Deforestation in the catchment area has led to increase in the silt content of the river flow. The total catchment area of the Kosi is 74,030 km2, excluding the catchment areas of its two important tributaries, the Kamla (7,232 km2) and the Bagmati (14,384 km2). These tributaries of the Kosi are important in themselves and are generally dealt with separately. Out of the total catchment of the Kosi, only 11,410 km2 are located in India and the rest (62,620 km2) lie in Nepal and Tibet. The river's catchment area at Triveni in Nepal is 59,550 km2. The average rainfall in the upper catchment of the Kosi is 1,589 mm while in the lower areas it is 1,323 mm. The average annual silt load of the river is 92,400 acre feet (114,000,000 m3).
The period has caused serious interception in the dynamic equilibrium of the river hindering the natural oscillation of the river within its meandering belt. The meandering belt of Ganges in Malda and Murshidabad is 10 km wide. The water level of the Ganges rose about 8 m upstream of the Farakka barrage. The river which flowed in a South Easterly course between Rajmahal and Farakka during early decades of this century has now formed a mighty meander loop concentration to accommodate the additional discharge accumulated due to the barrage. Due to the obstruction caused by the Barrage each year nearly 640 million tonnes of silt is accumulated in the riverbed. In the last three decades this has resulted in the accumulation of nearly 18.56 billion tonnes of silt.
Farrakha barrage has led to following problems upstream of the barrage:
- Interception of the flow channel/ changed from straight to oblique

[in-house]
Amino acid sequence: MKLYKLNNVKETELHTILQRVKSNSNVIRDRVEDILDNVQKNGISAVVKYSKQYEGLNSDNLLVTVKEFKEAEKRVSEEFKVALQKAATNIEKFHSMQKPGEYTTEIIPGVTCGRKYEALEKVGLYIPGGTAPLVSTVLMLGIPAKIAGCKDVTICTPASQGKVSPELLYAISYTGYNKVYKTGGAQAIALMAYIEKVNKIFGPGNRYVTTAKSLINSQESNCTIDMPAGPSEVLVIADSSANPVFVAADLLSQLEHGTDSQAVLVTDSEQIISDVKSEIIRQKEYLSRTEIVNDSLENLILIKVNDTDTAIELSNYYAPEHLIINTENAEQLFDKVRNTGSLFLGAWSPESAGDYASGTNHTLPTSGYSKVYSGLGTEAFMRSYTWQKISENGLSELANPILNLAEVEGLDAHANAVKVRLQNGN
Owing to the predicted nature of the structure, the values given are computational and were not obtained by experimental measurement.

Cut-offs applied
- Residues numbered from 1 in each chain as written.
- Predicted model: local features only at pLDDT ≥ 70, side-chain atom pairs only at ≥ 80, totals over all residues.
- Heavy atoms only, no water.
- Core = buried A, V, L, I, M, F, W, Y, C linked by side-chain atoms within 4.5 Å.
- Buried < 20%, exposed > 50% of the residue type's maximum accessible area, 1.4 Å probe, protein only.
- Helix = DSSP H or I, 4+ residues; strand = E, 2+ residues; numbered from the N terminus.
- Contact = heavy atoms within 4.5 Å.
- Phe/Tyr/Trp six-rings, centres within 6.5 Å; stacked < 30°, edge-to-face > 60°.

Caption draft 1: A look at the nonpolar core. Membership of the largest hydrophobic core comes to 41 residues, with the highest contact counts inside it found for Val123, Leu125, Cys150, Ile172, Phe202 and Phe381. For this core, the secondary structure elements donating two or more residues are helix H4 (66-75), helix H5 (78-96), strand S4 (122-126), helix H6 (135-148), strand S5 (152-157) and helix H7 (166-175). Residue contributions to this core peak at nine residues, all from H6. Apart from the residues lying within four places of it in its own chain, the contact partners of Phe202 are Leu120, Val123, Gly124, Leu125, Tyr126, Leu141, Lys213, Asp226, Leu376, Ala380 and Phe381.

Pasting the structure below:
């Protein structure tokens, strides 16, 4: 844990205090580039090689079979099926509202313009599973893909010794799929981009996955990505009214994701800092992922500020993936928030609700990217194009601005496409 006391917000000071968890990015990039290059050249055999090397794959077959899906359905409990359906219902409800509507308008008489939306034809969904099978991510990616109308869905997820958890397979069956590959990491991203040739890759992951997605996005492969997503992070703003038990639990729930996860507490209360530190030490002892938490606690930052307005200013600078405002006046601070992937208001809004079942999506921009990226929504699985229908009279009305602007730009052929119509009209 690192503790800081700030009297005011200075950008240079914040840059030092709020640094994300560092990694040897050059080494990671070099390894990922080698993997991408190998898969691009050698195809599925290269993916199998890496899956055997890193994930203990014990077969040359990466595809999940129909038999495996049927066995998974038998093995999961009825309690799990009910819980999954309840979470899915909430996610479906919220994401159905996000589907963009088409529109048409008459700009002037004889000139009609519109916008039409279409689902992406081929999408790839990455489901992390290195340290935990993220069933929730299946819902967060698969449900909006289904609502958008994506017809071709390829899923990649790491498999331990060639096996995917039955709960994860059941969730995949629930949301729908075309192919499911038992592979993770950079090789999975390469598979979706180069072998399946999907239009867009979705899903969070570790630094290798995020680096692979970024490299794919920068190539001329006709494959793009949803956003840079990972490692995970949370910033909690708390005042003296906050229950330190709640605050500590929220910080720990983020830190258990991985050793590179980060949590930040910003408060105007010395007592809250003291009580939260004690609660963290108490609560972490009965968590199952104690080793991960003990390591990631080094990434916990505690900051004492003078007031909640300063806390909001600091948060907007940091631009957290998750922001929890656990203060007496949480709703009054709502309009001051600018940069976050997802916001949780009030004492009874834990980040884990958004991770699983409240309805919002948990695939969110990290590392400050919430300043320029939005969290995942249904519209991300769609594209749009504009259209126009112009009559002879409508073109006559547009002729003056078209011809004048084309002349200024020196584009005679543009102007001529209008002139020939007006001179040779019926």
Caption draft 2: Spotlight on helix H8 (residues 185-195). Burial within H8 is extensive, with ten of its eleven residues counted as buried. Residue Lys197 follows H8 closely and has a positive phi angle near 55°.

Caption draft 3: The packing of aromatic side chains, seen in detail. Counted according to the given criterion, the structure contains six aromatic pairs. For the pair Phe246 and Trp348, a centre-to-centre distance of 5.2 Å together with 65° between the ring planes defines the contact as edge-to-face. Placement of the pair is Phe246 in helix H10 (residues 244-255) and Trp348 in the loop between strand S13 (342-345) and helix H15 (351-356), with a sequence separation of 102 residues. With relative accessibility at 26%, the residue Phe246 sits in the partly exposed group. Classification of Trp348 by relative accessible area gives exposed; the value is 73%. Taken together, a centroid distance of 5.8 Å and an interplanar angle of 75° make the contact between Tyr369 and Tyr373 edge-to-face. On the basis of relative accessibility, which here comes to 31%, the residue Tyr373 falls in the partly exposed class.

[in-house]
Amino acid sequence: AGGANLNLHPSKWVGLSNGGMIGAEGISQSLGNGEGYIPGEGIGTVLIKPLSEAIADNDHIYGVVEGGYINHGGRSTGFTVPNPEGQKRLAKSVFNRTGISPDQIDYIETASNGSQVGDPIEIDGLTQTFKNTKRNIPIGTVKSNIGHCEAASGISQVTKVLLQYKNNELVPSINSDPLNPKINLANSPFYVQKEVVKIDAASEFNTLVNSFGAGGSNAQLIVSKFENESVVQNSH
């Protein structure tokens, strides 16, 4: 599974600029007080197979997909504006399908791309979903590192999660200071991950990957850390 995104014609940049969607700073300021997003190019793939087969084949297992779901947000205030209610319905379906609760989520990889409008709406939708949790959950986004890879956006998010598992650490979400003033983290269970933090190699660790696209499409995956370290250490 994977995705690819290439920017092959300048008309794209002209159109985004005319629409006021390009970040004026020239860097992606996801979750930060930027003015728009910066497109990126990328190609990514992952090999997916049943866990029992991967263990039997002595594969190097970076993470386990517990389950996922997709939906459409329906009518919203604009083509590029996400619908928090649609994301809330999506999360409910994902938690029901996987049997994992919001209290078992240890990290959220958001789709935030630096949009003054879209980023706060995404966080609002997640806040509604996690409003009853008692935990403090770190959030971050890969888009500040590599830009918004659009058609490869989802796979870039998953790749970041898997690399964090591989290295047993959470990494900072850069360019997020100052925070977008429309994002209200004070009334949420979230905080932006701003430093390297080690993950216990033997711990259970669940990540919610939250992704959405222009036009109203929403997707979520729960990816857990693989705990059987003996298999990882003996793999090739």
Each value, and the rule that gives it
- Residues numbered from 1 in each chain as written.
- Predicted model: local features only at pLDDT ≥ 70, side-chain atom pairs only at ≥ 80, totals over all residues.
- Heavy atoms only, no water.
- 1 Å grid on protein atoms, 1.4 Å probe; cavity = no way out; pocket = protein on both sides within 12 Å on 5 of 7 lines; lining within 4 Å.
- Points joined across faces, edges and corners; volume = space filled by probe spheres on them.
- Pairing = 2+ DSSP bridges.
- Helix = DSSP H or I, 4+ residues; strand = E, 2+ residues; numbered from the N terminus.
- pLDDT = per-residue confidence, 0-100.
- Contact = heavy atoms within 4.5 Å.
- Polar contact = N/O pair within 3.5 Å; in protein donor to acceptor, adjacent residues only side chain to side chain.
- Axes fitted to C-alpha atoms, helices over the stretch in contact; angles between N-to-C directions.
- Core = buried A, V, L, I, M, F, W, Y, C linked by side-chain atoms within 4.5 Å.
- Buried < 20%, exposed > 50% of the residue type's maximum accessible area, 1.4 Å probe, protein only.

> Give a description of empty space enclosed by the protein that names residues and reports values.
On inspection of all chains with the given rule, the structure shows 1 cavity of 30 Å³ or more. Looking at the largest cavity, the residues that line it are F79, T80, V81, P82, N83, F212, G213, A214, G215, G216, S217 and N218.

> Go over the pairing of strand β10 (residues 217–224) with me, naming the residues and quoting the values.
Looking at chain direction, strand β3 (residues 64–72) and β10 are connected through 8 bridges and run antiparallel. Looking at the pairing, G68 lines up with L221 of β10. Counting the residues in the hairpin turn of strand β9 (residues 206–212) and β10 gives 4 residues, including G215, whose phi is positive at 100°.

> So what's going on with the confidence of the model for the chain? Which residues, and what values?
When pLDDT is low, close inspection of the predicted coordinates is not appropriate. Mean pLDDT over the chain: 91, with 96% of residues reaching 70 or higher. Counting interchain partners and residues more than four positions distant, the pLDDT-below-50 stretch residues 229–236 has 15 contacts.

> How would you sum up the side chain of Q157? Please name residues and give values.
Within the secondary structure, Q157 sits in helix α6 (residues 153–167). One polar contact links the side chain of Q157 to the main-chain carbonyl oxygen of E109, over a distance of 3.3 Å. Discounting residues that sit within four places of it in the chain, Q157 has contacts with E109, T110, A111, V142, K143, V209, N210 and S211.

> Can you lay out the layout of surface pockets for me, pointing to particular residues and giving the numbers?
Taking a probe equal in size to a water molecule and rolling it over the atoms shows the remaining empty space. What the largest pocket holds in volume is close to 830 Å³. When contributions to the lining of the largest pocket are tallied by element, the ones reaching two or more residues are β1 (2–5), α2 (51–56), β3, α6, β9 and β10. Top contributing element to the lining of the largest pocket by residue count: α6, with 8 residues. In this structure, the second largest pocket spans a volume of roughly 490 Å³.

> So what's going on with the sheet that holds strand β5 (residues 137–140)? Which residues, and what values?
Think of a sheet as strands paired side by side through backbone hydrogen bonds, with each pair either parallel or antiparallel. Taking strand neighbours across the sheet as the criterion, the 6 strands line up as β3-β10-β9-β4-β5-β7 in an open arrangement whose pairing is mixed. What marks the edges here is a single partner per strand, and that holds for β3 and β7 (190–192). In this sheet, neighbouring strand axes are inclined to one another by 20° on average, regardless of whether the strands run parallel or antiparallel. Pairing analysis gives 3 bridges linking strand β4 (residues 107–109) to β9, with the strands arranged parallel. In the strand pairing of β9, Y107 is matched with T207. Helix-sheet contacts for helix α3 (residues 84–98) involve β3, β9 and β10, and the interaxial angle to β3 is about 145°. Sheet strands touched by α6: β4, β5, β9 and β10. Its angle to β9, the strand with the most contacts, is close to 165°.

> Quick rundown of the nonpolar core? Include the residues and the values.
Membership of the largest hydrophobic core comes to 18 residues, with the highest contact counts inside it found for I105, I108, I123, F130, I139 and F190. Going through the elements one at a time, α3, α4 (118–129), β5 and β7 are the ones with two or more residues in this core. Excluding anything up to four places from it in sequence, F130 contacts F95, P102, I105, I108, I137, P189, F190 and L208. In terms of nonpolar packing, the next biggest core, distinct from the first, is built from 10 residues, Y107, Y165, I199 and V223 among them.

- Sedimentation (640 x106 metric tonnes/ year)
- Reduction of the cross-sectional area
- Declining slope of the long profile
- Widening of the river and increasing length
- Increase in flood frequency and magnitude
A Central Water Commission (CWC) report on Bihar floods in 2016 said that Farakka Barrage, even in the worst scenario can impact areas only up to about 42 km upstream, due to back water effect. Patna is located about 400 km on the Ganga's upstream. The report blamed heavy banana plantation on the river bank between Patna and Bhagalpur as one of the reasons for the floods, based on the assessment of 100 years of floods in the Ganga. CWC report stated that the sedimentation in Ganga in Bihar is basically due to huge sediment load contributed from its northern tributaries- Ghaghra, Gandak and Kosi. The flood affected area in Bihar was 25 lakh hectares in 1954 when the length of all embankments in Bihar was 160 km, but the flood affected area increased to 72.95 lakh hectares in 2016 with the construction of 3731 km of embankments.
(in 100,000 ha)
(in 100,000 ha)
(in 100,000 INR)
|House Affected||Public Property Damaged|
(in 100,000 INR)
- "District-level flood maps for Bihar ready".
- "FMIS". fmis.bih.nic.in.
- India Water Portal - Bihar Floods 2008 Archived 1 February 2009 at the Wayback Machine.
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- "Bihar speeds up Flood Relief and Rescue Operations". Retrieved 5 September 2013.
- "Floods in state not man-made, says minister".
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- "Bihar Floods: Number Of Deaths Rises To 341".
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- "Alert sounded in north Bihar plains".
- "Over 50 years ago, Bengal's chief engineer predicted that the Farakka dam would flood Bihar".
- "Farakka not to blame for Bihar floods: CWC".
- "BJP leader Sushil Modi questions Nitish demand for decommissioning Farakka barrage".
- "Disaster Management". disastermgmt.bih.nic.in.
- "Loss of Public Property". disastermgmt.bih.nic.in.